‘Is it worse down this end of the train?’ I ask.
‘No matey. It’s just as bad for the folks up in Gold.’
Ah, that’s all right then. Paying all that money for Gold Kangaroo Class, even more to be a Platinum Roo, and still no sleep. What did they expect in egalitarian OZ? Back in the lounge a Canadian tourist is talking to a man who is going home to Adelaide, a regular commuter on the Indian Pacific. ‘Twenty four hours from Sydney to Adelaide,’ he says in a hollow, insomniac voice. ‘We get in at three o’clock tomorrow.’ When the tourist kindly asks him why he doesn’t fly, he says. ‘I don’t like planes much.'
Thirty six hours later a history of the country is coming over the PA but it’s difficult to hear it above the sound of people teaching each other card games. A man who got on at Adelaide is saying that his doctor told him to ‘go home and put things in order.’ He is using his last months to locate all the people in his snapshot album and to give them the photos he has taken over his life.
Some have died, some are the same, he tells us philosophically. Everyone he tracks down is grateful, except for an American military official to whom he offered the photographs he took of a top secret installation when he was a soldier in Vietnam.
Outside, the Nullarbor plain rolls by. The aboriginal sounding name is in fact a colonial collision of two Latin words. It means 'No Trees'. Usually it’s hot here - very very hot, - but yesterday the heavens opened, leaving pools of water by the track, and the sky is still leaden. Today The Plain looks like the Netherlands after a nuclear war.
A low grey-green plant called spinifex covers the ground to the horizon. A few taller bushes seem to be moving in a slow dance, some trick of distance and perspective. People in the lounge are complaining about the monotony of it all, some are having panic attacks, weeping and promising to be good. I find the view relaxing. Later, the sun comes out and the train is crossing pure desert, just red earth and blue sky.
We stop at Cook, about which there is some debate whether the population is two people or four. As a New Zealander, I like Cook. It must be the only Cook in the southern hemisphere not named after the navigator James Cook (VERY hard to get a sailing ship in here) but some long-forgotten Australian PM instead. My fellow travellers like Cook too, because the postcards they buy at its only functioning shop prove they have visited somewhere iconically remote.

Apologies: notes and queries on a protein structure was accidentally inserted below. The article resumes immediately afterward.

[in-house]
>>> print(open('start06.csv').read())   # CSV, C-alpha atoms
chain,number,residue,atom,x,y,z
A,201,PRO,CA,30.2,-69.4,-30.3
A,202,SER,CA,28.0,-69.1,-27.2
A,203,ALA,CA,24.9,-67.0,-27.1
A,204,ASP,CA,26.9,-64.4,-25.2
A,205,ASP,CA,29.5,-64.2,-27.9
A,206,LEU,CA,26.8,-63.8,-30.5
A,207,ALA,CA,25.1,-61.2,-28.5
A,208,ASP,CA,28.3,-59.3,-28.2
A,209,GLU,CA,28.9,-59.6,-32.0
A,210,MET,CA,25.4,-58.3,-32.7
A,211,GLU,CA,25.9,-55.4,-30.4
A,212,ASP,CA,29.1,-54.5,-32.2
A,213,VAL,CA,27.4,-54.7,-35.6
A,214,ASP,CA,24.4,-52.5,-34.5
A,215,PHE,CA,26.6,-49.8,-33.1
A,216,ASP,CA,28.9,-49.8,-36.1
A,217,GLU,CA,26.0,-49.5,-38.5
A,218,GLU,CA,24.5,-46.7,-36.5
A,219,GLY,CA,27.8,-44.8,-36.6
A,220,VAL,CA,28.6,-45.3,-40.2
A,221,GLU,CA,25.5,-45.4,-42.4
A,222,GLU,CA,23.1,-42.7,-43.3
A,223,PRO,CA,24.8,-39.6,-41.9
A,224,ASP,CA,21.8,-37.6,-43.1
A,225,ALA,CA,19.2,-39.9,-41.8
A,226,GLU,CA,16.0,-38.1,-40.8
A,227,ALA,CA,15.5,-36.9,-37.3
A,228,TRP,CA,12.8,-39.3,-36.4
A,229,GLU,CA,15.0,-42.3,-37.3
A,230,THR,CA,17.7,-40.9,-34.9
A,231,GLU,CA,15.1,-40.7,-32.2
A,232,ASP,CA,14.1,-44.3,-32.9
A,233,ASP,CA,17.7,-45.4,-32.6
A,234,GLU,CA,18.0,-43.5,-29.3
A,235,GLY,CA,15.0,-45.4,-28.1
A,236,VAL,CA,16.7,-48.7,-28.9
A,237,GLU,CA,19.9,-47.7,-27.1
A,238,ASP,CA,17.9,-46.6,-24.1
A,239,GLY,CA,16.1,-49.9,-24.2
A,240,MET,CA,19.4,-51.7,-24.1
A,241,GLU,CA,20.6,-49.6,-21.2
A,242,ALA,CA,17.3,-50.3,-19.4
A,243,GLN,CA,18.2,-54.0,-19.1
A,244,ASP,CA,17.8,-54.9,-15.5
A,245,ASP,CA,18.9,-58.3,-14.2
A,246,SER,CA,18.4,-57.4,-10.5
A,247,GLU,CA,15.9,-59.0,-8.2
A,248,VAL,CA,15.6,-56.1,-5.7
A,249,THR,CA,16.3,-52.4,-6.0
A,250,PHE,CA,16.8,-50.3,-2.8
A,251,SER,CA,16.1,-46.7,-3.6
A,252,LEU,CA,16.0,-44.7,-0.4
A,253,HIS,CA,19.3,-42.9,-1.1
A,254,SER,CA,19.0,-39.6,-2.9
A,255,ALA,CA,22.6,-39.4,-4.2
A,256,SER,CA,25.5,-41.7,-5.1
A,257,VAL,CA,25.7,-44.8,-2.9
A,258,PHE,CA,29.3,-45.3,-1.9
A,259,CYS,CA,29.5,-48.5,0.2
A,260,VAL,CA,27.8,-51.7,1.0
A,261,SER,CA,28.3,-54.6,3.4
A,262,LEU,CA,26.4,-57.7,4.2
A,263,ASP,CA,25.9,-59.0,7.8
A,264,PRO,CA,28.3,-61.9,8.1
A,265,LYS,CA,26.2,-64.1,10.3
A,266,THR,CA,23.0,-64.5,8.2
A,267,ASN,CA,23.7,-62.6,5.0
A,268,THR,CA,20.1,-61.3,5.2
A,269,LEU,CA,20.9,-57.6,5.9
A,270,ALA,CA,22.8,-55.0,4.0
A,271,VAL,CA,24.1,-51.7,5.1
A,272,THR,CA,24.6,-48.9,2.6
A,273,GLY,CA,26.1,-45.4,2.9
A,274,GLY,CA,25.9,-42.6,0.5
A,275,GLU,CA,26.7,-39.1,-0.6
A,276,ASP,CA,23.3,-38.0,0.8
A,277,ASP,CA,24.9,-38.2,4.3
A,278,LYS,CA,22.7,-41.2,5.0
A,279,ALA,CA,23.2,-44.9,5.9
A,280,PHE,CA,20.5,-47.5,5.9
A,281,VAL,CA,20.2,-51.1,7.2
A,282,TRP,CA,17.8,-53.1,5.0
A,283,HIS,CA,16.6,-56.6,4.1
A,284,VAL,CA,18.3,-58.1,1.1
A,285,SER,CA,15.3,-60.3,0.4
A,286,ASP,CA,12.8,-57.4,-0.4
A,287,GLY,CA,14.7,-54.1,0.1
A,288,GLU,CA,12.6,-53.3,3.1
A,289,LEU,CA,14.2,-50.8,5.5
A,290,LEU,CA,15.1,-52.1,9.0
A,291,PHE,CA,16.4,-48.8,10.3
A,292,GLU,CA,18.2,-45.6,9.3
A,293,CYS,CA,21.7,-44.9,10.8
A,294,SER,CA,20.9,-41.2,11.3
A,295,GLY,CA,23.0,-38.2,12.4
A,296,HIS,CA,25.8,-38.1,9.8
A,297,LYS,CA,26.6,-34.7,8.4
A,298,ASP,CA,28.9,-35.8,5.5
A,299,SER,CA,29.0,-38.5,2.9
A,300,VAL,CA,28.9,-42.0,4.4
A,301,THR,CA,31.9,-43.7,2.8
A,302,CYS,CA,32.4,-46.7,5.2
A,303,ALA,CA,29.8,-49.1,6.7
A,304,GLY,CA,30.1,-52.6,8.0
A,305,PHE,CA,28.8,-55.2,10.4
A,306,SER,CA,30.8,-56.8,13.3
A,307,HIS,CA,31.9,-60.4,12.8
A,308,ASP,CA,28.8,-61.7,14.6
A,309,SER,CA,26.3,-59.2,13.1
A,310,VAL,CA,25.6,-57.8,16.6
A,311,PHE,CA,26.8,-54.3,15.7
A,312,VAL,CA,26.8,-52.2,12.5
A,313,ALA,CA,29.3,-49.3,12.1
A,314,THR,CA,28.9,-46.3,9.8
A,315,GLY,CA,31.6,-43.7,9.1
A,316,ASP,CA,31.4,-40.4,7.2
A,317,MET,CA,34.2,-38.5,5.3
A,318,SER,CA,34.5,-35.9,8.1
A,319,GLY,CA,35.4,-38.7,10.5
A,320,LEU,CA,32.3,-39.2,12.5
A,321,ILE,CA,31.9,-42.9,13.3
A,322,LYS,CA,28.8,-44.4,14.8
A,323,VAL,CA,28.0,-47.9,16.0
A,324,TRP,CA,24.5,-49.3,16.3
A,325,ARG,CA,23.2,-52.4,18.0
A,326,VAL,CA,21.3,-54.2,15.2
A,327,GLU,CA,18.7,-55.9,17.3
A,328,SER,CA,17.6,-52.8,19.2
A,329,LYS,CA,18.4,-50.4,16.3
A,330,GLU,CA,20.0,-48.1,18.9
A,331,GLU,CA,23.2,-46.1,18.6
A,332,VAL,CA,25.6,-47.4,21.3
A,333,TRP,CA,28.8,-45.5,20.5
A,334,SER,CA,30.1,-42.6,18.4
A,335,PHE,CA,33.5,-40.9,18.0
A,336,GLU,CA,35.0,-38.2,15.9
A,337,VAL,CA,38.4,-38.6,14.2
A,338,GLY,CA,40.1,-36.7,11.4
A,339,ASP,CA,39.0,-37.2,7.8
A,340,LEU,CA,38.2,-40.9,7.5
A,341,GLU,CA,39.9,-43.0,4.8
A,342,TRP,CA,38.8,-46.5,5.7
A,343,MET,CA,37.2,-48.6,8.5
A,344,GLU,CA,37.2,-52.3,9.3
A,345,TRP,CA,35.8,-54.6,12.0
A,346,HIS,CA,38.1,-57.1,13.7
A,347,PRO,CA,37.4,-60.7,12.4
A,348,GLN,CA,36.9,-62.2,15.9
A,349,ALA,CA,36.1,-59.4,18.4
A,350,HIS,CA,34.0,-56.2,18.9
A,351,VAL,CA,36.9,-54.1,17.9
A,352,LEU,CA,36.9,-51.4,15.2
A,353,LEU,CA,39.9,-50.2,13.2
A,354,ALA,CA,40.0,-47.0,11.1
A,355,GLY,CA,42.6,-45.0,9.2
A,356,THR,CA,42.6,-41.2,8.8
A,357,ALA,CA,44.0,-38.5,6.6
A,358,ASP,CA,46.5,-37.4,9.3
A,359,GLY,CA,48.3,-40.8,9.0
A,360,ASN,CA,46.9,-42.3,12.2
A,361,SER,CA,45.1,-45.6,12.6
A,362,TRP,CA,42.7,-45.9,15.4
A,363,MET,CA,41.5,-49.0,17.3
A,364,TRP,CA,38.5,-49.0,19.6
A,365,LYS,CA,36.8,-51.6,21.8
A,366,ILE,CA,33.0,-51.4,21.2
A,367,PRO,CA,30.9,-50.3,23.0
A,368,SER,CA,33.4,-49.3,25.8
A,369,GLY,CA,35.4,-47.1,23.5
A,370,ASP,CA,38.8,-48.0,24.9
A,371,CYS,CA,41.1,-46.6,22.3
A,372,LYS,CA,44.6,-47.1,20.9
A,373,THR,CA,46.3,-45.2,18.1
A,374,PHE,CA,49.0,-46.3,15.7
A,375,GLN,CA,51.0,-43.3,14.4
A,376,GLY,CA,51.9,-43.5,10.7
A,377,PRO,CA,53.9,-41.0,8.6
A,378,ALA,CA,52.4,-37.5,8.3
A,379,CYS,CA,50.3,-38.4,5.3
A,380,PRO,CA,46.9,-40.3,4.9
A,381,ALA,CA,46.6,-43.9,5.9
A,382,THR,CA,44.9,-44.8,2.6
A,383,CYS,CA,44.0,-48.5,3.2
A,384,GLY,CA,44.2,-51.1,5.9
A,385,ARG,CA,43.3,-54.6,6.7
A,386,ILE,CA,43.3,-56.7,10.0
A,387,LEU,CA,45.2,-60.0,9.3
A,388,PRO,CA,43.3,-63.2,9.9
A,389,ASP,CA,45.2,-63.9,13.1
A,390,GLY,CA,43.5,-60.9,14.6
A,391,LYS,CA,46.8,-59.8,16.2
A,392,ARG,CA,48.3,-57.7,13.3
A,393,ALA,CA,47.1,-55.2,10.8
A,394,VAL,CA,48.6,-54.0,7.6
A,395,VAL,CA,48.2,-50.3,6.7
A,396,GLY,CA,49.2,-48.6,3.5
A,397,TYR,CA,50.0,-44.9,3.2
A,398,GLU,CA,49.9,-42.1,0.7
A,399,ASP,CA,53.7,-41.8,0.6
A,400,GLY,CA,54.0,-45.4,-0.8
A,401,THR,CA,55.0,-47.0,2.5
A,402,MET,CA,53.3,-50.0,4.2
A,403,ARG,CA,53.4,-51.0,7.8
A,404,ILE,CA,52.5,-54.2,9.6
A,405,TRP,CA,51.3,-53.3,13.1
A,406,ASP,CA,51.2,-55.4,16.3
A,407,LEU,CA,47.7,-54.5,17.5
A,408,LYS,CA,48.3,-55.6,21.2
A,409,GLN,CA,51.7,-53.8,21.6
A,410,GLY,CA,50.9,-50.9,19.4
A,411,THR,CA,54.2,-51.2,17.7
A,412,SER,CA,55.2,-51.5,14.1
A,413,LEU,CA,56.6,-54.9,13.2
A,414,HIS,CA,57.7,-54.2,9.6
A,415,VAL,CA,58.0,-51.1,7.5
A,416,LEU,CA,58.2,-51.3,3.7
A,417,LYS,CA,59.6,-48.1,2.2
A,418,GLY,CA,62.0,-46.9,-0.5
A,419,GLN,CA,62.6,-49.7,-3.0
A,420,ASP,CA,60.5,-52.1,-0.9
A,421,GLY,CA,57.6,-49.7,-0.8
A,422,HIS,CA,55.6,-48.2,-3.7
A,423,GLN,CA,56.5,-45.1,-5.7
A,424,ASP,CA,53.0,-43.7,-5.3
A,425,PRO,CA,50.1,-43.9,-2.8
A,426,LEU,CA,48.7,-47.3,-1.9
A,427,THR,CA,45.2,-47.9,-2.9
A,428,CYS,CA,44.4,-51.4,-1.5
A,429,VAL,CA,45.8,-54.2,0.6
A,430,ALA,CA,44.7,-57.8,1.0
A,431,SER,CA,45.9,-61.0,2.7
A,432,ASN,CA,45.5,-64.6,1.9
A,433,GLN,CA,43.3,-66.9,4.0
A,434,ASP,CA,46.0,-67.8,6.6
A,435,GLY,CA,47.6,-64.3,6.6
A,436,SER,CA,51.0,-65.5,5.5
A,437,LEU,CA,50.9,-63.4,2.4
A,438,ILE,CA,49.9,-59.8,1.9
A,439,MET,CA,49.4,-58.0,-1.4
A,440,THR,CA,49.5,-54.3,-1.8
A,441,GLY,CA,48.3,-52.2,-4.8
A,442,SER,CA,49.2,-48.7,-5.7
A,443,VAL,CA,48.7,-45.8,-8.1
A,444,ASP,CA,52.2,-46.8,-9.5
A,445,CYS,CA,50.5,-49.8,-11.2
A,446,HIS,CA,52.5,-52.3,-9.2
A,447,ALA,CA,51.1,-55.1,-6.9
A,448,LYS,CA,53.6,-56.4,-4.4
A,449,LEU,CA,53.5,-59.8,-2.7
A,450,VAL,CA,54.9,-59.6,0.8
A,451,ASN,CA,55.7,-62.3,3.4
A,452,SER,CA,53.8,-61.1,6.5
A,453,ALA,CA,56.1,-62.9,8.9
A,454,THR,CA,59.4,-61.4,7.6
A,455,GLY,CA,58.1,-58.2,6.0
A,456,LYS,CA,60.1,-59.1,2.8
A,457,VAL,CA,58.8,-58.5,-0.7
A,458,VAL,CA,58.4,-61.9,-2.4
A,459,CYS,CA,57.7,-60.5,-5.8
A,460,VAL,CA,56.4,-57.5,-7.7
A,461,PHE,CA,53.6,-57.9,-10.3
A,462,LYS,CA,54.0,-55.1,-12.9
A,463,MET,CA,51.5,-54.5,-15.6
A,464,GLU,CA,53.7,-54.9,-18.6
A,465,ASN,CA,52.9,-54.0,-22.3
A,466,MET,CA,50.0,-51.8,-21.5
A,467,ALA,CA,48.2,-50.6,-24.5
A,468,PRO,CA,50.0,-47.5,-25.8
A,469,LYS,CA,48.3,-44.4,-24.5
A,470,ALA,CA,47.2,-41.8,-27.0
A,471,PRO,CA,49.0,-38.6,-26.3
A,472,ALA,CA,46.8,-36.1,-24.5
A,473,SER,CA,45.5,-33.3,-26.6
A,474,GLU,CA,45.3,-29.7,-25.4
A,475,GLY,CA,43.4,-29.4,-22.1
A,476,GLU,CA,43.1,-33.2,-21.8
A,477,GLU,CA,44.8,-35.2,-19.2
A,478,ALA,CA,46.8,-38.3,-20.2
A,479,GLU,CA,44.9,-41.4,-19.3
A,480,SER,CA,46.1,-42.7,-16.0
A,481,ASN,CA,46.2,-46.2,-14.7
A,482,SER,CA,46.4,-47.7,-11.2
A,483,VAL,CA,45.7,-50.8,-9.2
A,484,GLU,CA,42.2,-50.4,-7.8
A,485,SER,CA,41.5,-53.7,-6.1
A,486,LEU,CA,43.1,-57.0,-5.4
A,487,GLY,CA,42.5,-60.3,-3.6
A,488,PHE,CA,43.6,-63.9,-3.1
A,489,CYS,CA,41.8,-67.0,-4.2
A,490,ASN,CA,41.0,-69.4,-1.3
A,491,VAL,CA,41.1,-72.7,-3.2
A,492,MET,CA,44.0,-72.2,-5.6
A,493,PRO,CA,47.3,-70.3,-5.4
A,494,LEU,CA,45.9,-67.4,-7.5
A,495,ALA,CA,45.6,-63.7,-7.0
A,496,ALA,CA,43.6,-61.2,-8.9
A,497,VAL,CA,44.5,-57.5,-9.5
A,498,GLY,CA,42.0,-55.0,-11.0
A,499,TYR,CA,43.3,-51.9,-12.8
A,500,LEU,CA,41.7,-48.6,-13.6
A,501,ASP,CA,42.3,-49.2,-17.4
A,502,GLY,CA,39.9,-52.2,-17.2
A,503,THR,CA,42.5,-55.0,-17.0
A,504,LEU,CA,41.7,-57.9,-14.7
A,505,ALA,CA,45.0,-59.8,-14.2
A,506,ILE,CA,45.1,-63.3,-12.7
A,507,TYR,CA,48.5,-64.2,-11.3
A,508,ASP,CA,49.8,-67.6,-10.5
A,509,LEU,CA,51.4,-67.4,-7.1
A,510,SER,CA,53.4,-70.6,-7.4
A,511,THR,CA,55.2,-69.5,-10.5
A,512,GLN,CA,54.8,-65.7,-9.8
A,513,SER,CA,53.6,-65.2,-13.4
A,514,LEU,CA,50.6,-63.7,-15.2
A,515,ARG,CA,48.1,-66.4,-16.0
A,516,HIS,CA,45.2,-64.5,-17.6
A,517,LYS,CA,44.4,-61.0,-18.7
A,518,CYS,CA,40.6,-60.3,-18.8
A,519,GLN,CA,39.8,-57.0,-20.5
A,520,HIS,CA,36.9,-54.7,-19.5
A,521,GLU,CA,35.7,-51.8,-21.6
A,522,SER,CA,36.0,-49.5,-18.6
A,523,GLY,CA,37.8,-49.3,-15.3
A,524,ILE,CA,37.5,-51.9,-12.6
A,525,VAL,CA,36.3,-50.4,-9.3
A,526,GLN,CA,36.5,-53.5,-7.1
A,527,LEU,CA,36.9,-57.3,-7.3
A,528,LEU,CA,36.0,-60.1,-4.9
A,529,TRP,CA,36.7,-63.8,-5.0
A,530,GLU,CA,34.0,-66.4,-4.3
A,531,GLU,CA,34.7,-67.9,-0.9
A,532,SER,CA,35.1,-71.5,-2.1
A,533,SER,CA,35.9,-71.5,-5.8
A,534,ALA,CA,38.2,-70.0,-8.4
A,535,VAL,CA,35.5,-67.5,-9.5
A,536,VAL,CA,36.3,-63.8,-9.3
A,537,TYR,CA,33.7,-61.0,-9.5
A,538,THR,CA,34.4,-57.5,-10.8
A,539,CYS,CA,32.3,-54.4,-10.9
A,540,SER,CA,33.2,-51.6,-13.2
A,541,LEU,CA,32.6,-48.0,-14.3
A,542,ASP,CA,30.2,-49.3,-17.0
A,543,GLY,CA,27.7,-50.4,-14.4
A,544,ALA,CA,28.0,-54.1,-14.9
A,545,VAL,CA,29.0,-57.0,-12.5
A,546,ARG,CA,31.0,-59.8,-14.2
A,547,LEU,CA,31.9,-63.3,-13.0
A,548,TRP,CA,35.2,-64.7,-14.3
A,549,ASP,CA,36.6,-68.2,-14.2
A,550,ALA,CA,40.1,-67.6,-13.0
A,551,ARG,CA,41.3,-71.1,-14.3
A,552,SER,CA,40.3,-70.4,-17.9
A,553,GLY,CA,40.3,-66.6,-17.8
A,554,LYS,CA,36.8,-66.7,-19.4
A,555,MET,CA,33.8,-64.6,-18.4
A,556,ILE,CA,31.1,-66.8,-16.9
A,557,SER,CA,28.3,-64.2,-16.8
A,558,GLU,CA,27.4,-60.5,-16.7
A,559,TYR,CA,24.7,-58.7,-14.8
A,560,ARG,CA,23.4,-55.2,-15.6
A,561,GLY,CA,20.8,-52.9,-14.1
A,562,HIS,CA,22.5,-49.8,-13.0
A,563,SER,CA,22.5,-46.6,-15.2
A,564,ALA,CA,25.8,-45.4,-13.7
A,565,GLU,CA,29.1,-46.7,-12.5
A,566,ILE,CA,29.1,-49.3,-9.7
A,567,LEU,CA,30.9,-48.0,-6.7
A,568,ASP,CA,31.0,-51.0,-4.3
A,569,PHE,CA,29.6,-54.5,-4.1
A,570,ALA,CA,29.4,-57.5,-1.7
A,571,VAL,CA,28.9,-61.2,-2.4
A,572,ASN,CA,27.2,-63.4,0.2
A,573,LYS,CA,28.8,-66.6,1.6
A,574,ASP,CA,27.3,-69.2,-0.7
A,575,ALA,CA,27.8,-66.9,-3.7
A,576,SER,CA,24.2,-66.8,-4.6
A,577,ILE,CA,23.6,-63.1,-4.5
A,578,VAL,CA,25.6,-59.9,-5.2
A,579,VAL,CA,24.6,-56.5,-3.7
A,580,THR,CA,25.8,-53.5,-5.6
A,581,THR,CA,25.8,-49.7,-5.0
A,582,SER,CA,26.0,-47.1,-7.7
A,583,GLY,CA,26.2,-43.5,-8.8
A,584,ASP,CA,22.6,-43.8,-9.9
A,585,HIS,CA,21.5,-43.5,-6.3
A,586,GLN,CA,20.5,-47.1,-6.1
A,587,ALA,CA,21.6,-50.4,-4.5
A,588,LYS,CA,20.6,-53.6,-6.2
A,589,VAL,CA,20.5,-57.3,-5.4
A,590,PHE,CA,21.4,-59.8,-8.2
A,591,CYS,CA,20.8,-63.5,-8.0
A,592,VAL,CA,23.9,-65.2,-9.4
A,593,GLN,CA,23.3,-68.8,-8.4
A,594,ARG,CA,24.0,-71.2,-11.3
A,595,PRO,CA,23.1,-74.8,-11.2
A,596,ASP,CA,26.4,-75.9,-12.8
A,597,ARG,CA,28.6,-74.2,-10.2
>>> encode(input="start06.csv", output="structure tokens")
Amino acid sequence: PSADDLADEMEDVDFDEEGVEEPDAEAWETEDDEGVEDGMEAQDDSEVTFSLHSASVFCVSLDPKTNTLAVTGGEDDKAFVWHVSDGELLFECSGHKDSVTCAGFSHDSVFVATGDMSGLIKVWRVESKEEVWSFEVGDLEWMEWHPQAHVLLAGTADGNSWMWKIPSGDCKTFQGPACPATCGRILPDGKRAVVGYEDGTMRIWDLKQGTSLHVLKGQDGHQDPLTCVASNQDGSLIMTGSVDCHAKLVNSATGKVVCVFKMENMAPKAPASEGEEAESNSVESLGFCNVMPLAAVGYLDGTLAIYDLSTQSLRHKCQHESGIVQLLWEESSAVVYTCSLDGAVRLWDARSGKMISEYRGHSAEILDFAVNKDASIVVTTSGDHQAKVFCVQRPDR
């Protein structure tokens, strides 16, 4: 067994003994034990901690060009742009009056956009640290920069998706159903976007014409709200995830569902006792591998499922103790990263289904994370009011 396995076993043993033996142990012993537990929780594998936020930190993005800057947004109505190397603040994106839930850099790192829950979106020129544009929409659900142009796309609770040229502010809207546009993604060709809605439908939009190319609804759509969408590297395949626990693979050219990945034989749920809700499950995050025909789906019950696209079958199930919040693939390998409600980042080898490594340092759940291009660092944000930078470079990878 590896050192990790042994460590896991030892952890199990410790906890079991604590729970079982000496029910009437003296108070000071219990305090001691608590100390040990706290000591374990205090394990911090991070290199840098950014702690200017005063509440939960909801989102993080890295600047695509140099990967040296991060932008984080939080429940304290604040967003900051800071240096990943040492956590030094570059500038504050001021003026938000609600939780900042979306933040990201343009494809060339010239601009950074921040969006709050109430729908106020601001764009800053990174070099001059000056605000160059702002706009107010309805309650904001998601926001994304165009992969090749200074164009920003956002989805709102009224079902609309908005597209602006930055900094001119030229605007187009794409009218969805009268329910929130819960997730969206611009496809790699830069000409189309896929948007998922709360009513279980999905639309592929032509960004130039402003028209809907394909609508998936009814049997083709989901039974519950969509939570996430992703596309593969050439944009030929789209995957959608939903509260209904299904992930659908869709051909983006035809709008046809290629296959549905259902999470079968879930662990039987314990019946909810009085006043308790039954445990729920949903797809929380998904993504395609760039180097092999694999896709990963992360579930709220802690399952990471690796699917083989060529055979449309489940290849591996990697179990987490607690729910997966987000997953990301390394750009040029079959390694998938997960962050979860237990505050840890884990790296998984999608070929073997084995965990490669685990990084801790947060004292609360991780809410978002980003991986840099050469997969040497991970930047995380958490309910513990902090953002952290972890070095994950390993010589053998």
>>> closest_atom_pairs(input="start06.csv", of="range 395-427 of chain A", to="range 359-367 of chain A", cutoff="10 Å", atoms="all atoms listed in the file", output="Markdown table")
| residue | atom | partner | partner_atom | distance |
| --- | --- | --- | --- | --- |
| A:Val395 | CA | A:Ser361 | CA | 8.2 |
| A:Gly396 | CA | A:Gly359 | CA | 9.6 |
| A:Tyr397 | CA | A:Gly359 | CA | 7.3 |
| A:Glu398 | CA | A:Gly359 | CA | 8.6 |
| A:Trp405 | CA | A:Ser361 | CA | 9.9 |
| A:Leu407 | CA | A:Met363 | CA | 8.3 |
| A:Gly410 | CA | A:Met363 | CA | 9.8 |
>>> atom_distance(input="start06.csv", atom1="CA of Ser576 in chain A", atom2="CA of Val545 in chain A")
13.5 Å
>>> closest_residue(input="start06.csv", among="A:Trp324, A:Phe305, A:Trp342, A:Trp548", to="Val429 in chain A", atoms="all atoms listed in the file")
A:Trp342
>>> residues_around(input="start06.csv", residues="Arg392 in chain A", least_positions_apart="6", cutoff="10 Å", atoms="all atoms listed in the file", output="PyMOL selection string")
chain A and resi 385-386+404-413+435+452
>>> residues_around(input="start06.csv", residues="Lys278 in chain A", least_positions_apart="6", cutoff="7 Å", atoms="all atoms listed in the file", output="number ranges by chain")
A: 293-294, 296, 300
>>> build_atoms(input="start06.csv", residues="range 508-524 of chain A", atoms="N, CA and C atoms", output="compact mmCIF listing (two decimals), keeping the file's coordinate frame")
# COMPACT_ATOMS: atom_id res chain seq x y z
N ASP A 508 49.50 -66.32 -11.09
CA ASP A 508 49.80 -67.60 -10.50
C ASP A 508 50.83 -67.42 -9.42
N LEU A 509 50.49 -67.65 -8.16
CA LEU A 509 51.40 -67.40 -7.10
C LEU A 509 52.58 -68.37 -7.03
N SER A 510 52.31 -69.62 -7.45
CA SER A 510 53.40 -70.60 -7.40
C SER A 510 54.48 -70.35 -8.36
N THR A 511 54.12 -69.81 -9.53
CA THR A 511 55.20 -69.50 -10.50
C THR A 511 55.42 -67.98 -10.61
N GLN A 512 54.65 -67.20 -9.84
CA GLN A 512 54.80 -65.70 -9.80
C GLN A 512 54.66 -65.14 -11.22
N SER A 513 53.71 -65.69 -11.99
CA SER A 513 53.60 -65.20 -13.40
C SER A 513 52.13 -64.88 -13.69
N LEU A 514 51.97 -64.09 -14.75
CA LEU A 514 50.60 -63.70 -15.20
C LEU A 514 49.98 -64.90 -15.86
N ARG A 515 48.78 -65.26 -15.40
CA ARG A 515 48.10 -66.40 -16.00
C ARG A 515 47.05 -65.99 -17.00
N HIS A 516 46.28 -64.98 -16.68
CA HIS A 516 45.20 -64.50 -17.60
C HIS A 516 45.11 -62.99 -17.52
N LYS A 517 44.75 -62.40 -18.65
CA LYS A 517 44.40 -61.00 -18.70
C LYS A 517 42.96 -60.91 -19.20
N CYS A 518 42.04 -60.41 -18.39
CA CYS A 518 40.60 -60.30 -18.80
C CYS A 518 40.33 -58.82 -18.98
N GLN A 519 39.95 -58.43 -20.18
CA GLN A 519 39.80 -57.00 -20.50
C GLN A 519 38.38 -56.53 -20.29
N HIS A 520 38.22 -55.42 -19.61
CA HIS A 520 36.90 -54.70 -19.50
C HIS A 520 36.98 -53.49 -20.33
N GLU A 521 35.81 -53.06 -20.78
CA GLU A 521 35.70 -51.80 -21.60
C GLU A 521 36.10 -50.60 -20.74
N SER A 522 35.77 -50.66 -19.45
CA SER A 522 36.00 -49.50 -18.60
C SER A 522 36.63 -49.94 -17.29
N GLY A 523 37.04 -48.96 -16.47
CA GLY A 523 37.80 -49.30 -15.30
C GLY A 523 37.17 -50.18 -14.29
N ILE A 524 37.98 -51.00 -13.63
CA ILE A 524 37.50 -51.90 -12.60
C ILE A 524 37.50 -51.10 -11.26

All this liking of Cook just shows how cabin crazy we've all gone, since there's nothing likeable about the place, which is a ghost town and not in the nice Hollywood way, more in the way of ethnic cleansing. Where did everyone go? Why did they come here in the first place? Who were they? Who cares?
For weirdness, Cook can't hold a candle to Broken Hill anyway. Did I mention Broken Hill – the mining town whose streets are named after compounds from the periodic table? When you've shopped in Oxide Street, strolled down Silica, taken tea in Iodide Lane, how can Cook's deserted bungalows float your boat? We peep in the windows and shudder. Then we leave. We only really stopped here so the train could take on water.
Half a day later, just after sunset, we hit True West. Kalgoorlie is a gold rush town where the streets are wide enough to turn a coach and six and every corner boasts a ring-ding hotel.
In a bar of polished hardwood the barmaids have thrown off their crinolines and are pulling pints of Fosters wearing nothing but lingerie. On screens around the walls athletic women in short skirts play tennis, running across green lawns. The student who has tossed and turned beside me for sixty hours in Red Kangaroo Class blinks and rubs his eyes.
'I'm home,' he says.
'No,' I tell him. 'You're still ten hours from Perth.'